(1) We have no idea how brains do what they do. Right now what we have some handle on (not a big one however) is where the brain does things. How it does thme is really up for grabs. Not surprisingly, there is a lot of work correlating brain “imaging” rechniques (Fmri/MEG/EEG) with linguistically informed distinctions (e.g. islands (Helen Neville and Marta Kutas have stuff on this)). There is also some very excting work on phonological coding in the brain (David Poeppel and Bill Idsardi have done some of this). However, HOW this gets done, the actual computations involved is at the very best obscure. Thus any conclusion regarding whether Chomsky like grammars are used by the brain is currently very much a moot point. However, there is zero evidence that it doesn’t and there is a lot of reason to believe that the connectionsit rage in brain modeling is really off on the wrong track (c.d. Gallistel and King’s book on this for a thorough, and to my mind, convincing debunking of this approach). So, contrary to your claims, I see NO current reaons for thinking that the brain sceinces have anything deep to add to the discussion concerning language at this time. Of course, we all hope that this will change, but that’s the current state of play. BTW, my dept has put its money that this will change as we have a very active neuro group working on these issues and I can report that they do NOT find the CHomsky vision an impediment to their inquiries.
        (2) Generative grammarians have as a group studied MANY different kinds of languages in great depth. Why any given linguist needs to know more than one language eludes me. Is E.O. wilson disqualified form talking about large issues in biology becuase he is only an ant guy? Nope. So why should a monolingual linguist not be in the same boat. The aim is to look at a variety of languages, not to do so solo.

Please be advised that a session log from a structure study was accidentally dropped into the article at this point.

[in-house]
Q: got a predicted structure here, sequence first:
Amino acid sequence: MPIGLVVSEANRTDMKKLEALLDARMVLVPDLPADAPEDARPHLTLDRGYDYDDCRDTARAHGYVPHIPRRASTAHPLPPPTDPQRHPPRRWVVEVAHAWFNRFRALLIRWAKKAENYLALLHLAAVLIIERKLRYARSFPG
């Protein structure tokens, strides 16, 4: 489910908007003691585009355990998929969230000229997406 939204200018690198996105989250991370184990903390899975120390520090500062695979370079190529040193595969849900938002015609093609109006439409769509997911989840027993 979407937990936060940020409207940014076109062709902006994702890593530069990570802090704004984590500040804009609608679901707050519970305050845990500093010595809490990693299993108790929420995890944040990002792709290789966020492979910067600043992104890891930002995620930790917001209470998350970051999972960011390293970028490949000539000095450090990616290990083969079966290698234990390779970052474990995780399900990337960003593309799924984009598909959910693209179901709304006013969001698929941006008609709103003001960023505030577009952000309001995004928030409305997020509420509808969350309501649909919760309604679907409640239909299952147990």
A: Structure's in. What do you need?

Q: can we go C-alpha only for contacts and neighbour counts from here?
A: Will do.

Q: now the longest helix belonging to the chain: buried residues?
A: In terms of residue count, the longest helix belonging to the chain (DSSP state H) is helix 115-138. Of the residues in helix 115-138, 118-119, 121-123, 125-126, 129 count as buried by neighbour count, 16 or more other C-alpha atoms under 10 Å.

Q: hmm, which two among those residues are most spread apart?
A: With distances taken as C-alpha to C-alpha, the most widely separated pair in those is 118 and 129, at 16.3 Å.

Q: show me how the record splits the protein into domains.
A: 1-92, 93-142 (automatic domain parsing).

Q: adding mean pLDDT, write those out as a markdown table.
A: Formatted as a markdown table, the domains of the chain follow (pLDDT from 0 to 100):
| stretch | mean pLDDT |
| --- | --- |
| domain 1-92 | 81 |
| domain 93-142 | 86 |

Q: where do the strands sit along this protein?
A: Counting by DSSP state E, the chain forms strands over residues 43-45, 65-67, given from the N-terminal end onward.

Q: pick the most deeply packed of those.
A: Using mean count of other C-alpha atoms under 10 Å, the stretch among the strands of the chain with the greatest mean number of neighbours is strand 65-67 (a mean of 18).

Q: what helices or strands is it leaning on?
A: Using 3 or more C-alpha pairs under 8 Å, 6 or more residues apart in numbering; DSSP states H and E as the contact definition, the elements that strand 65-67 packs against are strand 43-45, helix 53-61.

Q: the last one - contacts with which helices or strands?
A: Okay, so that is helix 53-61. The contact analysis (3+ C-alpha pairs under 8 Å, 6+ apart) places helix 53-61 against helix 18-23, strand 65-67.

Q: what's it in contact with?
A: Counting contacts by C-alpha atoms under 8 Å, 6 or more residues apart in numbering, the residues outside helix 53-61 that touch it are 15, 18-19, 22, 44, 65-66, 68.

(3) Which are wrong? I know of no evidence against, say, structure dependence being refuted by any language. You are no doubt thinking Piraha, as this has gotten lots of play. Sadly, the work is both empirically questionable and conceptually misdirected. As I’ve discussed this elsewhere (see facultyof for extensive discussion and references) I will not bore go over it again here. Suffice it to say, your judgment about these matters is not one that I think holds up to scrutiny.
        (4) As to the CS community, it depends on which parts you trawl. Most of the CS community is not that interested in issues of linguistic competence and so not surprisingly have not found work concentrating on it of much value. However, there are parts of the community that do care and this work has been influential. Berwick’s work and Marcus’s on efficient parsing for example. As I mentioned earlier, even skeptics are discovering that looking for structure can be very useful: Noah Smith’s work is notable. Even Fred Jelinek came to the conclusion that headedness and phrases structure was very much worth tracking even for practical purposes. So, again, we must agree to disagree.
        (5) Let me end with my common refrain: Chomsky’s work is aimed at addressing a very particular issue: what powers underlie human linguistic facility. Answering this question need not answer others that interest you. However, critiques that don’t address this (e.g. Norvig’s) are simply besides the point.